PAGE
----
A: That's right. I mean he was never proved to be a liar. He always came up with the right stuff, usually it would be a taped thing. You can tell by the tape. I don't know. But that's between him and, I think the only way to do it would be him and King and put 'em in the same room. And it's too late to do that.

Marshall’s remarks support Tim Weiner’s portrait of Hoover in Enemies as an unnervingly astute and capable bureaucrat who effectively performed his impossible mission—navigating between the conflicting demands of the Constitution for civil liberties and the Executive Branch for universal intelligence—with marked success for five decades…

…perhaps as astutely and capably as Marshall shrank the grey areas between the Constitution, state law, and justice in his epic struggle for civil rights.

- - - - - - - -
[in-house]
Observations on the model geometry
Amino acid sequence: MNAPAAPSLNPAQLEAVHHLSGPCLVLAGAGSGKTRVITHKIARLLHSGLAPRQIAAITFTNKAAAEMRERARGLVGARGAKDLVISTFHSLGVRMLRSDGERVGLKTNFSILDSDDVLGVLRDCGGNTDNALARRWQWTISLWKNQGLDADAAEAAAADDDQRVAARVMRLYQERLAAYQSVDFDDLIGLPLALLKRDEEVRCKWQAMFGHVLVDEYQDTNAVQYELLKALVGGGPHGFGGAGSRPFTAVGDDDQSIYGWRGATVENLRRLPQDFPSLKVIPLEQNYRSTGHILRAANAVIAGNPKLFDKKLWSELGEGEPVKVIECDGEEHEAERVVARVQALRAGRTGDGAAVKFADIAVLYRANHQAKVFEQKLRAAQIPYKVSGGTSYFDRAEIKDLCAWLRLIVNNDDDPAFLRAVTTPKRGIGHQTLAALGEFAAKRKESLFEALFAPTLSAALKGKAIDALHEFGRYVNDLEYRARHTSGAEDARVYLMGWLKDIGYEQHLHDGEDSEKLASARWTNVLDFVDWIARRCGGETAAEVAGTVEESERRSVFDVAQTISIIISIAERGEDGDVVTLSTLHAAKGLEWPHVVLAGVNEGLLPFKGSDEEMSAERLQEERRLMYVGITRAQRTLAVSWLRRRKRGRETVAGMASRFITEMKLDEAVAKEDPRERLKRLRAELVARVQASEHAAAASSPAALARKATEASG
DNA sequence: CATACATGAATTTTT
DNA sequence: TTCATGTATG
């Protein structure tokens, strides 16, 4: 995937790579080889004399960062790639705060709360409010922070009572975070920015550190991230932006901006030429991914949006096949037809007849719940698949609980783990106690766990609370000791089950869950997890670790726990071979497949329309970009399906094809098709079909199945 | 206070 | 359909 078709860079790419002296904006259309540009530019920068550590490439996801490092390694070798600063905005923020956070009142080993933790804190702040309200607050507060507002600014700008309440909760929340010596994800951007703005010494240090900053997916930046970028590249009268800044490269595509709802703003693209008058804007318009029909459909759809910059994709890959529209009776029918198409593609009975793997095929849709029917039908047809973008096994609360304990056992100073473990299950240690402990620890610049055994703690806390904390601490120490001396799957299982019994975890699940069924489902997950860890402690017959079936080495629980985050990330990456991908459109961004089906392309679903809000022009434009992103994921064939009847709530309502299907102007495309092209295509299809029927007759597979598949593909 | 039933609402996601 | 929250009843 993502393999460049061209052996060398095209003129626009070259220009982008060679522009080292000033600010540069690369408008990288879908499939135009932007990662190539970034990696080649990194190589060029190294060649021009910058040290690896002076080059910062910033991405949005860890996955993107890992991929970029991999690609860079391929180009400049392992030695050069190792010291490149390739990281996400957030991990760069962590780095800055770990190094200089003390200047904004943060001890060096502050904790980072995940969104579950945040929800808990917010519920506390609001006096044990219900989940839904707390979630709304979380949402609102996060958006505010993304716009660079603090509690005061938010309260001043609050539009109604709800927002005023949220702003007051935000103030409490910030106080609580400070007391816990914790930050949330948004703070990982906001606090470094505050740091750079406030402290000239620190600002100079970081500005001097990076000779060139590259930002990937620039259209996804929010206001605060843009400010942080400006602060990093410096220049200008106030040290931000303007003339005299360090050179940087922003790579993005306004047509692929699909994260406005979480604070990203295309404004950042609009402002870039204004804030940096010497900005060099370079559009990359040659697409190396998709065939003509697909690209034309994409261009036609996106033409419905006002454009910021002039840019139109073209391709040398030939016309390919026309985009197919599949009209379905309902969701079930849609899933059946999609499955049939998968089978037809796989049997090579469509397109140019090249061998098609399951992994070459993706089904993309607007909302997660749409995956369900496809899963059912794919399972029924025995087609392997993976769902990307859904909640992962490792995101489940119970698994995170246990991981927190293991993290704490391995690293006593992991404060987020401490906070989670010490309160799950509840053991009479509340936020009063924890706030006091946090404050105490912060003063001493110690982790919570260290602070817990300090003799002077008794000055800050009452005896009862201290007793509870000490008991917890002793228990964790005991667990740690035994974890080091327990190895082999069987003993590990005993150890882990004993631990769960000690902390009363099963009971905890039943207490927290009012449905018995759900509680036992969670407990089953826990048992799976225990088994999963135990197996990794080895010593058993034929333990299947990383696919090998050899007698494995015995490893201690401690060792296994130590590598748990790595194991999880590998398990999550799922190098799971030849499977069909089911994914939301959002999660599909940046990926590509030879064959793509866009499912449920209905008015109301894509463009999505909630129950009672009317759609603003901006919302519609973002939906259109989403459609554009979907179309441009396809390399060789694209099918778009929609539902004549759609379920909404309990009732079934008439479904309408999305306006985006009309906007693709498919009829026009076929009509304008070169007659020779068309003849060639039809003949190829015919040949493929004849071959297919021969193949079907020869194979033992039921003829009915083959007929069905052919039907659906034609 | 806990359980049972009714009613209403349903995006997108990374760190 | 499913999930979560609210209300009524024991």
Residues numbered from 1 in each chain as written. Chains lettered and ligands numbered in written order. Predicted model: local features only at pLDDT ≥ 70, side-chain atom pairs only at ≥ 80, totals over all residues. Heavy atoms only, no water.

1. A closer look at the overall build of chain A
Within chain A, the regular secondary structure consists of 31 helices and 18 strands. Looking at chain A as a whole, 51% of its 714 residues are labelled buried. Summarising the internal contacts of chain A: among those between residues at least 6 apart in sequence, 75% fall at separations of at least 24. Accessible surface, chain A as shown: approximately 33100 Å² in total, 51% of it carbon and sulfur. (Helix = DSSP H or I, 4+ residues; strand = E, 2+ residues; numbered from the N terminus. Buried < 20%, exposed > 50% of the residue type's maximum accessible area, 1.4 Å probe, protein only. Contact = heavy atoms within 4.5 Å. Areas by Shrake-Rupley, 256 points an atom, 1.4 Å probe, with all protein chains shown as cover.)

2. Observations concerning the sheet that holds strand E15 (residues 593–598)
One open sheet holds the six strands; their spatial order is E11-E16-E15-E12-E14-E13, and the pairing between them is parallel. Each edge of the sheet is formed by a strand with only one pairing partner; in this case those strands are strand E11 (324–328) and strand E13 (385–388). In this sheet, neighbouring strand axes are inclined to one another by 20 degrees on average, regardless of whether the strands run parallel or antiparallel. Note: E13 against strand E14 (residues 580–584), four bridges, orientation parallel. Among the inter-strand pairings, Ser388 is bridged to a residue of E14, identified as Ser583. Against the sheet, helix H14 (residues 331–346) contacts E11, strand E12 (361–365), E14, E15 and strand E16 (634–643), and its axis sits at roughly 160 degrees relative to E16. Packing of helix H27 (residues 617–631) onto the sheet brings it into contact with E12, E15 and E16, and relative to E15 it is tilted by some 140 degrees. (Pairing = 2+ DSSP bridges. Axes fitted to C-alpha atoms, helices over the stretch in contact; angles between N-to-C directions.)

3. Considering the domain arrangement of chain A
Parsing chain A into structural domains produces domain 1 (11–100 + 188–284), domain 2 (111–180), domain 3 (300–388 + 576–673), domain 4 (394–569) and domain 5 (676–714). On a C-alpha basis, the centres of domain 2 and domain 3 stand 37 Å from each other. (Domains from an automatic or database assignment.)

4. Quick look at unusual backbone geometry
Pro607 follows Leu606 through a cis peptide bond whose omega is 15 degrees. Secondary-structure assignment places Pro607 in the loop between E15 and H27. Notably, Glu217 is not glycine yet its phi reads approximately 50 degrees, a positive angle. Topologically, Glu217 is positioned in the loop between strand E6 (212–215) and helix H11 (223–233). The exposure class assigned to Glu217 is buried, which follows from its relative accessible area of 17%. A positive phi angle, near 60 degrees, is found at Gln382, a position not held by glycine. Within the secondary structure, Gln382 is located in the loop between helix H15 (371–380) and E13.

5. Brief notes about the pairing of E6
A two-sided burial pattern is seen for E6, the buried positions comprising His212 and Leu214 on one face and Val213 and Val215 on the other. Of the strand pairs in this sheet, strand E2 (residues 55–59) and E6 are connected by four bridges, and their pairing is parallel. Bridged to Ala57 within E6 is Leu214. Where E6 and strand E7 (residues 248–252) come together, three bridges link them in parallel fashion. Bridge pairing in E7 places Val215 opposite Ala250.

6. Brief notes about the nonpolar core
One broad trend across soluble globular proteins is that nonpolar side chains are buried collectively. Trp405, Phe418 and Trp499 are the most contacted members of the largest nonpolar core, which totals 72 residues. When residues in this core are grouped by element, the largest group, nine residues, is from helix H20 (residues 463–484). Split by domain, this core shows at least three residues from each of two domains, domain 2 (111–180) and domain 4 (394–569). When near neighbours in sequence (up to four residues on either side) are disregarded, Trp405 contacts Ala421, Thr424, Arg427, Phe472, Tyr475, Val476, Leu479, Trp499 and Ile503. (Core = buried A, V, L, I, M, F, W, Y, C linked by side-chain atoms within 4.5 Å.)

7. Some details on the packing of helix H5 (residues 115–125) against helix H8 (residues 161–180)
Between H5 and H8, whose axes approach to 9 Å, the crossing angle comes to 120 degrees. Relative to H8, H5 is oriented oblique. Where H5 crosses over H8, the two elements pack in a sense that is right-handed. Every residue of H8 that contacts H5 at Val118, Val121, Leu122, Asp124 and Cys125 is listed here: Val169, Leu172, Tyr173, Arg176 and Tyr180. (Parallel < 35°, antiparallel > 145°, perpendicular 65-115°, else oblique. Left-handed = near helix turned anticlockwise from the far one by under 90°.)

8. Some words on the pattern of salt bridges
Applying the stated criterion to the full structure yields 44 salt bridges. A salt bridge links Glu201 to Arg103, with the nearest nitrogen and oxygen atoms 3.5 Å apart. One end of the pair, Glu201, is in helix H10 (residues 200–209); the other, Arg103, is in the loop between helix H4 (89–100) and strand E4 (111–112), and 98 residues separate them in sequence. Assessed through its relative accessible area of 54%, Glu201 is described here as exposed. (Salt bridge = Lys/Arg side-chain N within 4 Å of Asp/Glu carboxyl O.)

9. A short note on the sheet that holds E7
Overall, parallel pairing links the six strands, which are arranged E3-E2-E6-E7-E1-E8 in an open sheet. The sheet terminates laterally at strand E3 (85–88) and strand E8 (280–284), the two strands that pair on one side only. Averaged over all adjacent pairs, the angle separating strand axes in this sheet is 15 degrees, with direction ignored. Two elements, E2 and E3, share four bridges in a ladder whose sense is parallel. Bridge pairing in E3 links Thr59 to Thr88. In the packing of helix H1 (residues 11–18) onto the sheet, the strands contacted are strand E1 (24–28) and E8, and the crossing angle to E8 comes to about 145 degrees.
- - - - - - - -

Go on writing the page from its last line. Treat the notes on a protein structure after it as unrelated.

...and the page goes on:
Contrast with Marshall’s dismissive attitude toward King and Jesse Jackson:

Who made Jesse Jackson? The press. Who made Martin Luther King? The press, they do it. Because it writes good, it writes well. And you know Martin Luther King didn't have a publicity person. No sir. The press did it all. The press did it all.

Reading Marshall’s account of his awkward exchange with King over the surveillance issue, I find it hard to believe that King’s reaction to the intense surveillance was really “oh forget it, nothing to it. Just didn't interest him...He didn't care, no.”

I have a feeling King didn’t really feel that way.  Maybe what he was thinking, “Marshall, he’s close to Hoover.  I’m not going to let it get back to Hoover that I’m upset or afraid.  That’s what he wants.”

David Garrow’s biography of King, Bearing the Cross, tells us of the actual aftermath of the letter: